Following its decision to lift rates by a widely unexpected 50 basis points, governor Philip Lowe said the central bank "expects to take further steps in the process of normalising monetary conditions in Australia over the months ahead".
In a move that shocked economists, the Reserve Bank of Australia (RBA) pushed the rate up from 0.35 per cent to 0.85 per cent on Tuesday, citing the "current inflation pressures in the economy" and "the still very low level of interest rates" as catalysts.
"At its meeting today, the board decided to increase the cash rate target by 50 basis points to 85 basis points. It also increased the interest rate on Exchange Settlement balances by 50 basis points to 75 basis points," the RBA governor said.
"Inflation in Australia has increased significantly. While inflation is lower than in most other advanced economies, it is higher than earlier expected," Dr Lowe continued.
While he highlighted global factors influencing inflation, Dr Lowe said "domestic factors are playing a role too, with capacity constraints in some sectors and the tight labour market contributing to the upward pressure on prices".
"The floods earlier this year have also affected some prices."
"Today's increase in interest rates will assist with the return of inflation to target over time," the governor said.
In making its June rate call, the board reflected on wages data but it also reaffirmed that having already entered inflation fighting mode, it would reduce emphasis on the wage price index over the coming months.
Last month, inflation spiked to its highest level in over two decades and while a blowout was predicted, economists didn’t quite expect such a sizable jump in both the headline and underlying inflation.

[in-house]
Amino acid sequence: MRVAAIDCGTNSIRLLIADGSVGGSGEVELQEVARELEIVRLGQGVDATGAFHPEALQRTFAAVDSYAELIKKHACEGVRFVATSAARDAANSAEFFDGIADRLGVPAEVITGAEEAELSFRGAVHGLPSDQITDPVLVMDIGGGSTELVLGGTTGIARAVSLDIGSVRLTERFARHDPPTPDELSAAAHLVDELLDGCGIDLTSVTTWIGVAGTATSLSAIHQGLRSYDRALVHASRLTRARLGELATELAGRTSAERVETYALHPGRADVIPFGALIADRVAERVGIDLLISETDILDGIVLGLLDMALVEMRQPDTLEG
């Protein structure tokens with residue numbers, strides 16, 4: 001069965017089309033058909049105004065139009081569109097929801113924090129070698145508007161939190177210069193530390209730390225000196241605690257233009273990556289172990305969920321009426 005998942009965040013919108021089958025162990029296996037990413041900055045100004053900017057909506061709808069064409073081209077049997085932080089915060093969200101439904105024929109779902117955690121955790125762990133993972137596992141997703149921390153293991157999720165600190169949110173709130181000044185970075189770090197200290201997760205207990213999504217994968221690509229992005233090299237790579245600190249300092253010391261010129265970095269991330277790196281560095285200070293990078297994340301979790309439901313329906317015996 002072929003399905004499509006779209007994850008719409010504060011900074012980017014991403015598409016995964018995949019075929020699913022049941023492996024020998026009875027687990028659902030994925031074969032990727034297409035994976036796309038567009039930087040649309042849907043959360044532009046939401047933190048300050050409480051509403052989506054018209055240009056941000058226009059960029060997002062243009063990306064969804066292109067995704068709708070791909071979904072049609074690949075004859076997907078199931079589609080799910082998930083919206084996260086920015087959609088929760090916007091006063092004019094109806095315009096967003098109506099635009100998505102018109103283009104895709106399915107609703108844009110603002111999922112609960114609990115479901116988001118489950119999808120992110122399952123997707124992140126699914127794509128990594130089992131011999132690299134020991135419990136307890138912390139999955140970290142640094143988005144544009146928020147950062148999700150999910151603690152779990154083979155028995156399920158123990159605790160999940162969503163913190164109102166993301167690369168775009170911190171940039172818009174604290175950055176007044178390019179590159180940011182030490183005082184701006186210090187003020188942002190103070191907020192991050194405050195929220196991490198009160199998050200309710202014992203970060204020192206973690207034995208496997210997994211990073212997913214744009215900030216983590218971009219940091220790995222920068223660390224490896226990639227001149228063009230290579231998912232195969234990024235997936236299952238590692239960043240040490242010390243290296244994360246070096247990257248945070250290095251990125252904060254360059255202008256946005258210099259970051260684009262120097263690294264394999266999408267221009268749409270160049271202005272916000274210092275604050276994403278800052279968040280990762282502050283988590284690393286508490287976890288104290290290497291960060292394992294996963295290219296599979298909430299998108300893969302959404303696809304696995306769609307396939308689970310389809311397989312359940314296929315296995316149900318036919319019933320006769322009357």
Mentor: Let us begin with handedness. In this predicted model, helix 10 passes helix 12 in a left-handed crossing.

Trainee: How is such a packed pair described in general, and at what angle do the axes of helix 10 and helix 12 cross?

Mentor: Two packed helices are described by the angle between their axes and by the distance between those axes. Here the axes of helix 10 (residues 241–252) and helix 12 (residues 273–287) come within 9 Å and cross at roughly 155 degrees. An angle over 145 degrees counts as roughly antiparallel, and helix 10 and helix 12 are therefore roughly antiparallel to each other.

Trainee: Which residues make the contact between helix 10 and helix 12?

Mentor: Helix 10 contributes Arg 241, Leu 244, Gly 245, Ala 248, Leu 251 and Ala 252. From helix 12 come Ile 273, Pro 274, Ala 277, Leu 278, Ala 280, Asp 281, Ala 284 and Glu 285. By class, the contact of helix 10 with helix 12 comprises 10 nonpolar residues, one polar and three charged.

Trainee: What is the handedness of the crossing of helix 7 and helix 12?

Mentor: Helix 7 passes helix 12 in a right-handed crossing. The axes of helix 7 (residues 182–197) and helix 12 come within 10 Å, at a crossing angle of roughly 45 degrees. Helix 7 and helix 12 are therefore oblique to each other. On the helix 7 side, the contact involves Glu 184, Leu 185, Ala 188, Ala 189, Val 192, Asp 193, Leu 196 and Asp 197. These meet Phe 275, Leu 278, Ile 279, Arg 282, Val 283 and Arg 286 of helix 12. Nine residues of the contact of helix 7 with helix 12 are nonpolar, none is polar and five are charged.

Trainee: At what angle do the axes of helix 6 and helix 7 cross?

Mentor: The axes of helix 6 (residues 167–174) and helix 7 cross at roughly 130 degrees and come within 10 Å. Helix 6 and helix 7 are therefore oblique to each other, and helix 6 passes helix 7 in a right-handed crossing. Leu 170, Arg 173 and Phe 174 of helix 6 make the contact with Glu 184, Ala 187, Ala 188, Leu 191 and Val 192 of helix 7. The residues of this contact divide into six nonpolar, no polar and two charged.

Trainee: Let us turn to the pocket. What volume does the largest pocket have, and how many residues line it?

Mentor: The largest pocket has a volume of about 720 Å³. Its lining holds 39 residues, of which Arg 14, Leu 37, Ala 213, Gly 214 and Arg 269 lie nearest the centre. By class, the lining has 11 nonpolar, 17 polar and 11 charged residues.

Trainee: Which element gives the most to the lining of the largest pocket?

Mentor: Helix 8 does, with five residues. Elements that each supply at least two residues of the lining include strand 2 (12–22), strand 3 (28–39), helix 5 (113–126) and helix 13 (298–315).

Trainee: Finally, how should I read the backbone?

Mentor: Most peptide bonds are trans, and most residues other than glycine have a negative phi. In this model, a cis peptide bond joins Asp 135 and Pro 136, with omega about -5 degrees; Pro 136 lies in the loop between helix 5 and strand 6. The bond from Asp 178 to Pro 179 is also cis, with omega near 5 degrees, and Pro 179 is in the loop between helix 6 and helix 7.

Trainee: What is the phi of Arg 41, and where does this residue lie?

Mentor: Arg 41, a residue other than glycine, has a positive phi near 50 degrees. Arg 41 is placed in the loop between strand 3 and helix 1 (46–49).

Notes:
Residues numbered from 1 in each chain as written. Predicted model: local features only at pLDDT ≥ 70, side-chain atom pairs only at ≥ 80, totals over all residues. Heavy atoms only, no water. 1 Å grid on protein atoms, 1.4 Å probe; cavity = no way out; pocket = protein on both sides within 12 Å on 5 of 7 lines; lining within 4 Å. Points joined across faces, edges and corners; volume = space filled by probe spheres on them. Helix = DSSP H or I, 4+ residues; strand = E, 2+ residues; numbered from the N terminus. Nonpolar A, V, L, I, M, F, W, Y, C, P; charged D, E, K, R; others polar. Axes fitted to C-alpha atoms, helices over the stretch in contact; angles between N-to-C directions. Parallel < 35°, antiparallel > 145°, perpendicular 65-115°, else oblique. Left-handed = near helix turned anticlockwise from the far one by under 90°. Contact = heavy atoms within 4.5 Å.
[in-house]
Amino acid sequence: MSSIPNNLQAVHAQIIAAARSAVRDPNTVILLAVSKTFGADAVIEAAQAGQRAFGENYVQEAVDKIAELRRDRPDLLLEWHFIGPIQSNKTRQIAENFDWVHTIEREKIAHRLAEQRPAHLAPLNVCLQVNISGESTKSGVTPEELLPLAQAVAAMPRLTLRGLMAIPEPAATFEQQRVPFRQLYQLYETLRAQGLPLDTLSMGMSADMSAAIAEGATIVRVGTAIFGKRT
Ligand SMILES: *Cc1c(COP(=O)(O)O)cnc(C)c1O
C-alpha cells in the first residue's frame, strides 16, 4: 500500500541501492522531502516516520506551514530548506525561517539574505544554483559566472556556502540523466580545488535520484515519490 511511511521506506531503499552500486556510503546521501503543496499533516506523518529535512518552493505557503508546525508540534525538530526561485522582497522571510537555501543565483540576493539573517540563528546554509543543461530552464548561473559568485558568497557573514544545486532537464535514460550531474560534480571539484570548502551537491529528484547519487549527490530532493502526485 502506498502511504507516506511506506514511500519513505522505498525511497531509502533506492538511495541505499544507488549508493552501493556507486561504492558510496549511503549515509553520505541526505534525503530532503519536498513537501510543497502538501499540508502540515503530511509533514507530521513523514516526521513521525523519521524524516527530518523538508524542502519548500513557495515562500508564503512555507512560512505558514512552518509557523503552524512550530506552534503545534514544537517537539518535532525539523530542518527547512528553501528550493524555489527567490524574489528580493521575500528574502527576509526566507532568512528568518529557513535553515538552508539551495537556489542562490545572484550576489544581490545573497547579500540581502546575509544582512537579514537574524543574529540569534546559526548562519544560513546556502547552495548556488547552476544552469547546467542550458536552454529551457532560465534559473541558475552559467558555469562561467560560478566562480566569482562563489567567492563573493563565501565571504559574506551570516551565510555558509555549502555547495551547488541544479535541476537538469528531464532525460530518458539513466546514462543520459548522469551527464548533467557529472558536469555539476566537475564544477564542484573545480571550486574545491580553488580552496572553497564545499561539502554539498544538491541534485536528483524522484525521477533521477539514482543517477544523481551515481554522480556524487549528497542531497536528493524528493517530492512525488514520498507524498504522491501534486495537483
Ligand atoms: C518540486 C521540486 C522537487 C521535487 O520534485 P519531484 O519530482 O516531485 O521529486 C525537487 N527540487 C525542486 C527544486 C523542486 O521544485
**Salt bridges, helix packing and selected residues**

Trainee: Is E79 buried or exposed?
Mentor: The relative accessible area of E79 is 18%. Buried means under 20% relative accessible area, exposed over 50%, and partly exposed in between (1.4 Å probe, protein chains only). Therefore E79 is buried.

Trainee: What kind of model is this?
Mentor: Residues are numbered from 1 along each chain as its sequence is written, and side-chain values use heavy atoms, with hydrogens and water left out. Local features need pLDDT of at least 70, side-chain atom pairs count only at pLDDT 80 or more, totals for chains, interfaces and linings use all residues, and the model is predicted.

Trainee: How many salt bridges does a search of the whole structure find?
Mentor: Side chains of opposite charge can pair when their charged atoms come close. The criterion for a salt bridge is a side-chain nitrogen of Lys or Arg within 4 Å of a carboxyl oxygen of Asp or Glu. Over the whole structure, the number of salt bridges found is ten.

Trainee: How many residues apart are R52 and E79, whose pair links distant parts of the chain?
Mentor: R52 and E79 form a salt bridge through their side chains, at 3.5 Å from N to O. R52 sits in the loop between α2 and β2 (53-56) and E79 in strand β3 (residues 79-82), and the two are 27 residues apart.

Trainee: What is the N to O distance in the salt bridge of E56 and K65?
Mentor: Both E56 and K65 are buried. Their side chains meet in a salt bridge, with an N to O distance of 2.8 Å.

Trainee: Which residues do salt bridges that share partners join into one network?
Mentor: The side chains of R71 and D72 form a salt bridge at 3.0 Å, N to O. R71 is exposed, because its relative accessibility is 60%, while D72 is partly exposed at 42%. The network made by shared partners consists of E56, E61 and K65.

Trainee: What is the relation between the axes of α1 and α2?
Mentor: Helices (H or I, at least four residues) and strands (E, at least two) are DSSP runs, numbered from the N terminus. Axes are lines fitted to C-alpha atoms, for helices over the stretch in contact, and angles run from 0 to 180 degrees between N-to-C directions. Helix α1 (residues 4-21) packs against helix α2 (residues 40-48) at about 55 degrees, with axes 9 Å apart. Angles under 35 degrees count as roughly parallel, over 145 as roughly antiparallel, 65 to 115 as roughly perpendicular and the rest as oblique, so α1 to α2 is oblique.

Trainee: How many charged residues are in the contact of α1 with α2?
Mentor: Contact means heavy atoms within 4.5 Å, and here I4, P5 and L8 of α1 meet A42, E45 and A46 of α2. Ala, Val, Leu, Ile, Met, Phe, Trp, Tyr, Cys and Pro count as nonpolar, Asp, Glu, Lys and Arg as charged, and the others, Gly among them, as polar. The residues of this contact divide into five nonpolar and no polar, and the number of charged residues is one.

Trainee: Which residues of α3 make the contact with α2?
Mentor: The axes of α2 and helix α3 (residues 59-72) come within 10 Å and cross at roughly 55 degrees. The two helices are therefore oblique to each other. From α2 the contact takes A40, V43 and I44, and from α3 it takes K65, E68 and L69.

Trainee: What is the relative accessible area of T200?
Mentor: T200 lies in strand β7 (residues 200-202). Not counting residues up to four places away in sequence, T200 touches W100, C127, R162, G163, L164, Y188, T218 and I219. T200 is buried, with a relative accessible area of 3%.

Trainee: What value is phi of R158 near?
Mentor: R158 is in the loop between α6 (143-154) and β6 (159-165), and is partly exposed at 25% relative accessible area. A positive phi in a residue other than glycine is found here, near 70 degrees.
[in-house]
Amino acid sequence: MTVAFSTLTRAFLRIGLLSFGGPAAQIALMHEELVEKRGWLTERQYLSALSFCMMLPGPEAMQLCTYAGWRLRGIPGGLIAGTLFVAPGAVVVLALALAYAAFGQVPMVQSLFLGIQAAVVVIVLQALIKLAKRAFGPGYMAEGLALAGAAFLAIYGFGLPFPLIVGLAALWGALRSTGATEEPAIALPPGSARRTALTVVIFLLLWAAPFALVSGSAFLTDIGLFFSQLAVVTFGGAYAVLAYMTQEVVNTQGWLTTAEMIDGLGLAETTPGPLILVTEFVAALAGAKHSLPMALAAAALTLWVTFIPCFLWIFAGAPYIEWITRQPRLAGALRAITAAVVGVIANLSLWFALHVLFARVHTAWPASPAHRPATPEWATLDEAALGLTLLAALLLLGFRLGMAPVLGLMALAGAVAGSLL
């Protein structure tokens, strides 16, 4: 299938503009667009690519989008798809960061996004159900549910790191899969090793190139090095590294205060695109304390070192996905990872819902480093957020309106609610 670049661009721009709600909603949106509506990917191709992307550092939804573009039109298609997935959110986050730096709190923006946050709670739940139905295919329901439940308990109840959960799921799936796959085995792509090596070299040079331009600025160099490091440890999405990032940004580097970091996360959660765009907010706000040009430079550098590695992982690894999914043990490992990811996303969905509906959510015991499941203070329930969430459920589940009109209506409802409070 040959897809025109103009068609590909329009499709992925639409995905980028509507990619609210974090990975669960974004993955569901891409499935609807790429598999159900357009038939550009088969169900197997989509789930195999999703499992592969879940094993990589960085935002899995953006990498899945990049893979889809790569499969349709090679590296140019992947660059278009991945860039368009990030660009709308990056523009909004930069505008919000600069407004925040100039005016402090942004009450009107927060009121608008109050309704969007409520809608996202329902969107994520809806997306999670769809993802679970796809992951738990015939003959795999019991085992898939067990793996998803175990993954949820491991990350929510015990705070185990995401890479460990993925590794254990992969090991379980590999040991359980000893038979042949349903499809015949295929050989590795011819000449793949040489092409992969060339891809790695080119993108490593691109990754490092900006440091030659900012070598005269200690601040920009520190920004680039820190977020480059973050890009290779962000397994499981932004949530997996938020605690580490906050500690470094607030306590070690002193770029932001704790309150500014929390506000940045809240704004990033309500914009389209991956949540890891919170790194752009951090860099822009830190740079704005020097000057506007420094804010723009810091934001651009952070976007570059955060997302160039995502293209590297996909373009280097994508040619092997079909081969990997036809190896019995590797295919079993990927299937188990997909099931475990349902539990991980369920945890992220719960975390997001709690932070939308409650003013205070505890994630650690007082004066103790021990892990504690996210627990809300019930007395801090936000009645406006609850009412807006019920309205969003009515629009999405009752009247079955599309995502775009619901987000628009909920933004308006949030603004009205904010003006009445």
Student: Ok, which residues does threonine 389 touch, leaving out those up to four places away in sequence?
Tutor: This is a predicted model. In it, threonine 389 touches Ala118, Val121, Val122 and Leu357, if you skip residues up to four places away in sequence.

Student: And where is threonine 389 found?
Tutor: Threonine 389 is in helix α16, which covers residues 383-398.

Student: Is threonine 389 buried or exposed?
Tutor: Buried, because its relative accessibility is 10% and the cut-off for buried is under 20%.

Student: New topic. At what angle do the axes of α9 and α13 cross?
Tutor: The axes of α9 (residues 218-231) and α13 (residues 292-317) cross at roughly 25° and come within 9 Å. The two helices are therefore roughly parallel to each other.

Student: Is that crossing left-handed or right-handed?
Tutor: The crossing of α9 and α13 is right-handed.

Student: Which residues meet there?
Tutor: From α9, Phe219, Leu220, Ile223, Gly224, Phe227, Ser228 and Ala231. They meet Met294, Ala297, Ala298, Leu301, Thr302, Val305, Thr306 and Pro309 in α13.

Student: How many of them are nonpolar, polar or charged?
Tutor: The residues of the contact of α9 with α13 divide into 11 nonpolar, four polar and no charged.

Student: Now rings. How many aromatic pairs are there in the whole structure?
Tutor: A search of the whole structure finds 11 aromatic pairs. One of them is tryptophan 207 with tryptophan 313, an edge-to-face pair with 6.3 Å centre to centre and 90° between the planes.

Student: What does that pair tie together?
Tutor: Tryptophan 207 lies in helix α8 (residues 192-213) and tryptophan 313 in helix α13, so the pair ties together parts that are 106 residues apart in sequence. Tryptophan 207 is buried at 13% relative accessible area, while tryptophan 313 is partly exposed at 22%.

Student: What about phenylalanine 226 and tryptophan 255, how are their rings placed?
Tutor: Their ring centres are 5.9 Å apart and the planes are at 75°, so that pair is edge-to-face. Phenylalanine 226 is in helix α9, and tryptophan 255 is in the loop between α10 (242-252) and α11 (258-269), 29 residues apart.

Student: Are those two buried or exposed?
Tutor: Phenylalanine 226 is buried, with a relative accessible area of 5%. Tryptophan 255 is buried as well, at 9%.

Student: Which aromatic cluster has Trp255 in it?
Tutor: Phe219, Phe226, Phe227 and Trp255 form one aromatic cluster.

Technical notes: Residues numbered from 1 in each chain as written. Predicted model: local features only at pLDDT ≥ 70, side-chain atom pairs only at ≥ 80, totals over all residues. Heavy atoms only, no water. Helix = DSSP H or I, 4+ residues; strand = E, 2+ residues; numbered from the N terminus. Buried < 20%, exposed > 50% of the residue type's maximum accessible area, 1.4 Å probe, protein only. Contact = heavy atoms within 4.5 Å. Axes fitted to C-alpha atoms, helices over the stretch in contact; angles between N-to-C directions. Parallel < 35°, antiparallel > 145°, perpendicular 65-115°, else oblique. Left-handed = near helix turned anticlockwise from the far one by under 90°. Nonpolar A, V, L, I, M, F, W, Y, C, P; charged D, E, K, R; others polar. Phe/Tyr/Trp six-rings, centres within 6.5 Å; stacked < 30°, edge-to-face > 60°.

Following the inflation shock, the RBA upped its forecast for 2022, predicting headline inflation of around 6 per cent and underlying inflation of around 4.75 per cent. These are up from 3.25 per cent and 2.75 per cent respectively.
By mid-2024, the bank is expecting headline and underlying inflation to moderate to around 3 per cent.
Moving forward, Dr Lowe said the size and timing of future interest rate increases will be guided by the incoming data and the board's assessment of the outlook for inflation and the labour market.
"The board is committed to doing what is necessary to ensure that inflation in Australia returns to target over time."
While market economists were mainly confident in a June interest rate lift, they were split between a 25-bp and 40-bp hike.
Just before the RBA’s announcement, Joshua Rout, portfolio manager, fixed income, at Franklin Templeton, said “+25 bps is consistent with the RBA’s recent communications, but 40 bps gets them back to ‘standard’ increments, and recent solid Q1 data probably gives enough cover to go by the larger amount”.
The RBA’s decision is believed to have been made easier by last week’s strong national account report, which revealed that household consumption and broader domestic demand continue to grow at a solid pace.
However, Mr Rout does expect the RBA to press the pause button soon given falling house prices, sinking consumer confidence and negative wages growth.